Old enough to vote, old enough to be elected

By Taylor Hemness - email

The meeting room at Hideaway Lake Member Services Building is pretty small. After all, there are only six people on the city's board of aldermen. But on Tuesday, it was full of people, all waiting to see Philip Hayes sworn in to office.

Eighteen year old Philip Hayes became the youngest alderman in the city's brief history. But a couple of months ago when he told his parents about his intention to run, they were a little skeptical.

"I thought that it was too much too soon," said Janet Hayes. "And that he needed to finish school before he got distracted."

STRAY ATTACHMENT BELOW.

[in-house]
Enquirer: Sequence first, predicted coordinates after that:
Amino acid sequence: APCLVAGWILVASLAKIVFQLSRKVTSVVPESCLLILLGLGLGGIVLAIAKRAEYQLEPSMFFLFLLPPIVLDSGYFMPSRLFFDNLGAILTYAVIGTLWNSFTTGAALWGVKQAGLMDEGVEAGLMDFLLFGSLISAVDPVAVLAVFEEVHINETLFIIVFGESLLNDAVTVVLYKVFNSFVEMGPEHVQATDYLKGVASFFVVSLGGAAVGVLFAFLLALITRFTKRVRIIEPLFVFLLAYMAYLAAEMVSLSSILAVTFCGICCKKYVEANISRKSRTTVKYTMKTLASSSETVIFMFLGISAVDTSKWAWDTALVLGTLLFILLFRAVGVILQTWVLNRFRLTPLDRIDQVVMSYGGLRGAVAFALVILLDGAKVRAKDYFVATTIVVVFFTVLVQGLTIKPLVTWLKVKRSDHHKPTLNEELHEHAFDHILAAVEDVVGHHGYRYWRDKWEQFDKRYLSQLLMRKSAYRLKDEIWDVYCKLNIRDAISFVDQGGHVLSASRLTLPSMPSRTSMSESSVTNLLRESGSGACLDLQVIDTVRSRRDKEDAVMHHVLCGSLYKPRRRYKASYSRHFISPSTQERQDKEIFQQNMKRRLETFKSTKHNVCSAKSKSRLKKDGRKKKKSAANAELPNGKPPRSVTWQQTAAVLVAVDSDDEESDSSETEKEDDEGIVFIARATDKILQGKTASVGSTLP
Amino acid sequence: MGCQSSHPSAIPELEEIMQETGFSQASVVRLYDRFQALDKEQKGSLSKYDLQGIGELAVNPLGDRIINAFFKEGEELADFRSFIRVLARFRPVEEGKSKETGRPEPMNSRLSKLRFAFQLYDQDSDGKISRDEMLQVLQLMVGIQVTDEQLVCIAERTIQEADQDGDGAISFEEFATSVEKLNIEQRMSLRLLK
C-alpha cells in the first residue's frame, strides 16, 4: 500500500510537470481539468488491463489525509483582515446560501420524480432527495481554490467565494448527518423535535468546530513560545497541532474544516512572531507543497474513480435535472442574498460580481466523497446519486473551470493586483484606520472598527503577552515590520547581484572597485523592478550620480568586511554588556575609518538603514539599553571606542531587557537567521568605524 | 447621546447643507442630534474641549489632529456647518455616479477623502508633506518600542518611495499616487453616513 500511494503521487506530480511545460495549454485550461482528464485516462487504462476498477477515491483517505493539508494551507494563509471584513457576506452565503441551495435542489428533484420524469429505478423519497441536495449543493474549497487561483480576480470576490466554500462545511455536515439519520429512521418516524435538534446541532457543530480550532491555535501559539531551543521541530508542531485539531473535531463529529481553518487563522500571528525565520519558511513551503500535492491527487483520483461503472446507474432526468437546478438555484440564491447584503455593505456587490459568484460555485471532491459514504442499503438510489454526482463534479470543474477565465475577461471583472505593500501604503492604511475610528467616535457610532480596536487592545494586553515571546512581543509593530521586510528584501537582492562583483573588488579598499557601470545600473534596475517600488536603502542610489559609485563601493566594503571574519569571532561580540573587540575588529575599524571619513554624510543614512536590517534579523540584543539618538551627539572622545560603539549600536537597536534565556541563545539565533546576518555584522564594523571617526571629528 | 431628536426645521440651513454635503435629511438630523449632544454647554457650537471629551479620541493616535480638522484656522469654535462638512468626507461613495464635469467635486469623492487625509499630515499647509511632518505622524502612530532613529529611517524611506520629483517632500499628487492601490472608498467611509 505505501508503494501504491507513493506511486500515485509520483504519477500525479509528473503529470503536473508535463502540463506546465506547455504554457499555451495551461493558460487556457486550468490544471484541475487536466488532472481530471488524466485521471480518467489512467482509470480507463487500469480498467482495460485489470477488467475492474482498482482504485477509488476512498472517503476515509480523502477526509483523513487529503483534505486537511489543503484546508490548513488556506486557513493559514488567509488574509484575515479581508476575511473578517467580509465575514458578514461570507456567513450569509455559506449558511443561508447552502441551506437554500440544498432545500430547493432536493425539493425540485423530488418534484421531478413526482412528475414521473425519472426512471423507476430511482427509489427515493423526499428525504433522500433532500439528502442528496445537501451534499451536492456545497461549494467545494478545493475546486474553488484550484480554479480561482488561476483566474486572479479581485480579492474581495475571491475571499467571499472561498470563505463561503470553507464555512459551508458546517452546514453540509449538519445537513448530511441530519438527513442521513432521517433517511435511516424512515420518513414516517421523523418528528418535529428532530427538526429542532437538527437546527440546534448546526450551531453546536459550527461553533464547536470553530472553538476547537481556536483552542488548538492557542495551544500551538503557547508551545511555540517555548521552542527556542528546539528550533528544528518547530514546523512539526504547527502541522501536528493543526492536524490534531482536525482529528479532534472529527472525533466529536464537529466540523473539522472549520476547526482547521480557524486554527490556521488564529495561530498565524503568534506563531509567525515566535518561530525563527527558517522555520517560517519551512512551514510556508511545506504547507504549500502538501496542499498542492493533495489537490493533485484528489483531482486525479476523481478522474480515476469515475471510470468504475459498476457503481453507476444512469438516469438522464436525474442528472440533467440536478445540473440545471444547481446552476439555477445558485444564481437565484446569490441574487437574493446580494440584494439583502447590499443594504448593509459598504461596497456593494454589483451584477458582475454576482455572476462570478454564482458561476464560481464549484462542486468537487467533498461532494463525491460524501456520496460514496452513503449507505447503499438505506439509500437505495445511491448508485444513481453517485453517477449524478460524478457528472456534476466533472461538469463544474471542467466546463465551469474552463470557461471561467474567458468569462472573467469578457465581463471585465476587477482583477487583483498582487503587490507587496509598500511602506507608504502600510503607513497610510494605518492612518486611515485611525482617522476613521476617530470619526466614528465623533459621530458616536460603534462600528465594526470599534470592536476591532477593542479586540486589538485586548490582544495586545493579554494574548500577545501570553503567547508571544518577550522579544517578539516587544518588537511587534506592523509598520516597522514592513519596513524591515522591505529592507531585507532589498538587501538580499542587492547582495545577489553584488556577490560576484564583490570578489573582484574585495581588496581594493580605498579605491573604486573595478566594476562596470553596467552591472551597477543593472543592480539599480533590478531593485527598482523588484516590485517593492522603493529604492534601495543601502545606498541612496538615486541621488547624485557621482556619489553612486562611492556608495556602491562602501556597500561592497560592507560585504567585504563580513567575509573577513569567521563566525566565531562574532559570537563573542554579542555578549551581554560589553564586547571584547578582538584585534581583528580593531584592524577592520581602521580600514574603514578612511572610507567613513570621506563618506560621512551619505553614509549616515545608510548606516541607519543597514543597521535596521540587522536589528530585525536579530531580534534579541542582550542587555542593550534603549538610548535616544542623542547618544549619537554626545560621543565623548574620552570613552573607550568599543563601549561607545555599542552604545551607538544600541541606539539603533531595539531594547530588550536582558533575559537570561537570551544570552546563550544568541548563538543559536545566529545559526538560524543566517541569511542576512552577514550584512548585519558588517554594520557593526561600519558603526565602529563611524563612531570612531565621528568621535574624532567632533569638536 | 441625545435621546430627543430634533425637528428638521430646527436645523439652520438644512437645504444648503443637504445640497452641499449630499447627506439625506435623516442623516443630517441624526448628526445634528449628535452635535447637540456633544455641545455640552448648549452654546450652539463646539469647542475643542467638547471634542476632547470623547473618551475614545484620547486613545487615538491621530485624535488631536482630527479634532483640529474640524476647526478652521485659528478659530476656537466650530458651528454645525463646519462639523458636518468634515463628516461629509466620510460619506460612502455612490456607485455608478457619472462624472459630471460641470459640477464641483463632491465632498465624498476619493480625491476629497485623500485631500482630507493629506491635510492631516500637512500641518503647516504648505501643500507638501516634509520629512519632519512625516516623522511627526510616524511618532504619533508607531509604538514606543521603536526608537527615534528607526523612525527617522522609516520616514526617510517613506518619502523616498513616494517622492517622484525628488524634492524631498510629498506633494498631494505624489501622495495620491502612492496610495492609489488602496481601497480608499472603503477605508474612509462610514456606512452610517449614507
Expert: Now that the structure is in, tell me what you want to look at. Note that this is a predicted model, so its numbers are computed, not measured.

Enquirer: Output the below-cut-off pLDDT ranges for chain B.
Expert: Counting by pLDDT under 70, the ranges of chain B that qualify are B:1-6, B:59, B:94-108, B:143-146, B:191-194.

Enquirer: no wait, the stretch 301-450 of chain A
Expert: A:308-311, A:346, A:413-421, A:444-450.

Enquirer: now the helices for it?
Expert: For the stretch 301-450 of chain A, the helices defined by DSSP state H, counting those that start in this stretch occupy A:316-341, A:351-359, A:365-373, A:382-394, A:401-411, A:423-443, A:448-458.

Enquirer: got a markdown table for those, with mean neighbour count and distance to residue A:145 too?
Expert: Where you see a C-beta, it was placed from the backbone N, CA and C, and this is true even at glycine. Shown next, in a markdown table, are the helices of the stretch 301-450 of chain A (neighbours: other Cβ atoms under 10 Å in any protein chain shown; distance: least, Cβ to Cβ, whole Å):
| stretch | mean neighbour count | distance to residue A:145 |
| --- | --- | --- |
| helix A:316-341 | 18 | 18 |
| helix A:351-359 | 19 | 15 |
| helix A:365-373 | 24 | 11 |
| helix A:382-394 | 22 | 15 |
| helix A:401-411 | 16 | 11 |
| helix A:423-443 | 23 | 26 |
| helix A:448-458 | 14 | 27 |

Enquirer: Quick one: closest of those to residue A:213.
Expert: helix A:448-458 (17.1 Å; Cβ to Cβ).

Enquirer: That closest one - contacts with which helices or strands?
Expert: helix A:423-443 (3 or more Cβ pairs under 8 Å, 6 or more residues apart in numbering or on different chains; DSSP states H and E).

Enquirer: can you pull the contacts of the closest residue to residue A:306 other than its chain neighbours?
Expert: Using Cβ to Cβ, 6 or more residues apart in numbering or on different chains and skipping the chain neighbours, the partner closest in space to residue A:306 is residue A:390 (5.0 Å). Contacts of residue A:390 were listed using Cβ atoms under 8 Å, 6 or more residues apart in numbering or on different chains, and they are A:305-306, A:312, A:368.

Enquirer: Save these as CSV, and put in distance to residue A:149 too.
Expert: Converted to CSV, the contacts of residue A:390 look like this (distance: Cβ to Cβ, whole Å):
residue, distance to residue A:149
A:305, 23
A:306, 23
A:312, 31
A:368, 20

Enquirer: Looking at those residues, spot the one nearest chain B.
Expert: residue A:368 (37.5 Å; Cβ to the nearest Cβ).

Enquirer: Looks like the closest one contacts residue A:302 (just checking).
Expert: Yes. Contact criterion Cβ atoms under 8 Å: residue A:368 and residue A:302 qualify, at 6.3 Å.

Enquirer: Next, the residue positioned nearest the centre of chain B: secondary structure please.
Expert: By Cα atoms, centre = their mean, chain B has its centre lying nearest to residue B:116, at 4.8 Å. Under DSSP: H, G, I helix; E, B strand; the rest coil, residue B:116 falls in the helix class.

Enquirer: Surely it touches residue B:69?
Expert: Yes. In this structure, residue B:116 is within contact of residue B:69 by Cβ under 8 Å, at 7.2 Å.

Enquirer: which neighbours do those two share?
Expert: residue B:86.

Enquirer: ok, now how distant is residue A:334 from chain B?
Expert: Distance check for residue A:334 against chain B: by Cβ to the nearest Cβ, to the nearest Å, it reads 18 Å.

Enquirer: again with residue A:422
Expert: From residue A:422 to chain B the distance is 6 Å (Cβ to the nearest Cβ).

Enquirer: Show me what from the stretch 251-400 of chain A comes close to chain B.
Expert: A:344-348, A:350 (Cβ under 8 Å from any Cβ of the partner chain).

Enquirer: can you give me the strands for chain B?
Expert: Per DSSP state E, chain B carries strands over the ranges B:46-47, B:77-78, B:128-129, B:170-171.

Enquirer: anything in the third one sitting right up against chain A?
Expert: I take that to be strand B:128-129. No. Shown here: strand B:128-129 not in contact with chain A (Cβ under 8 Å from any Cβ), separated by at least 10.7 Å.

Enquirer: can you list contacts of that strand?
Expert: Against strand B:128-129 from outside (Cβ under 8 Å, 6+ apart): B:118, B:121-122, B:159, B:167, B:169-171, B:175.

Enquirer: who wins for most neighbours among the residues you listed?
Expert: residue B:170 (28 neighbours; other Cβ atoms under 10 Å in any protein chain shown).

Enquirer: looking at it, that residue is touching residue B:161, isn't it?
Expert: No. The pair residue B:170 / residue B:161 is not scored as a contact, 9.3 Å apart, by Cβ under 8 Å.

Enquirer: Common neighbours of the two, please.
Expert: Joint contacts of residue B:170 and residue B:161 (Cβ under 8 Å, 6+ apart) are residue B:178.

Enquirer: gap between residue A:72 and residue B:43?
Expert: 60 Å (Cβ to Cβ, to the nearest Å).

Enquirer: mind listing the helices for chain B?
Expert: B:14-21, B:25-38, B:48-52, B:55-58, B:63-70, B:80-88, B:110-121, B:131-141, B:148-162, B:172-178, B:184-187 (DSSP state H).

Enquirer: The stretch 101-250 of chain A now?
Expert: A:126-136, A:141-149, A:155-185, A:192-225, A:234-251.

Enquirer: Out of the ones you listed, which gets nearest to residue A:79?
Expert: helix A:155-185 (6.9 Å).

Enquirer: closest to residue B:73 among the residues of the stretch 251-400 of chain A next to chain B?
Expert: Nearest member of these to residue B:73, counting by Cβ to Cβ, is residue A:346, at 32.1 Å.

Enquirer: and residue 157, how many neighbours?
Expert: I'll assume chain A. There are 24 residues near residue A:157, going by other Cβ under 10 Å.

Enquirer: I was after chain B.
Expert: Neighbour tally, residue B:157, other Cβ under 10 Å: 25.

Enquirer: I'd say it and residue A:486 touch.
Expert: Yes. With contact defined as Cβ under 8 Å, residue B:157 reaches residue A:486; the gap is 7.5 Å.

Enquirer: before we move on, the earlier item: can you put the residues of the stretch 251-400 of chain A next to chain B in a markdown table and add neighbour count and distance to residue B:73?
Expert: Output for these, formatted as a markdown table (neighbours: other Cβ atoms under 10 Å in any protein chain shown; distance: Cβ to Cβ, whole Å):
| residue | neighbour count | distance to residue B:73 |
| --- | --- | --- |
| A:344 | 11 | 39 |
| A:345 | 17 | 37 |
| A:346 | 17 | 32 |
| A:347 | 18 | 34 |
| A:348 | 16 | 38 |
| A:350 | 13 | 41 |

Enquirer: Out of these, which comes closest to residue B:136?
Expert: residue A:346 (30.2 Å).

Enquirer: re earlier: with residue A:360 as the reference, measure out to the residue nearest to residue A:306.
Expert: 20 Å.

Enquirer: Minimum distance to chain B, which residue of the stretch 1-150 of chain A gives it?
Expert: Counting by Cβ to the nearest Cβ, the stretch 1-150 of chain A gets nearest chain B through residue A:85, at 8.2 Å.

"I didn't think he would win, just because of where we live," said Ron Hayes. "It's an older community, and to trust all that to an 18 year old, I thought it was going to be tough for them."

But the voters came through for their son.

Philip won his election this weekend by almost 60 votes. He and his friends sat at the voting center that night until the results came in. Today, he offered an emotional thanks to all his supporters...even the ones from the classroom.

"I hope that the people in Hideaway don't think that they elected a basket case to the board of Alderman," Philip said, referencing his emotional remarks. "Just to have that many people here supporting you...that made me feel real good."

Philip Hayes will head to Dalls in the fall to attend SMU, but his dad says he'll make sure that he doesn't get too caught up in being a college student who's also an elected official.

"He'll still have to take the garbage out on Sunday nights, if he comes home."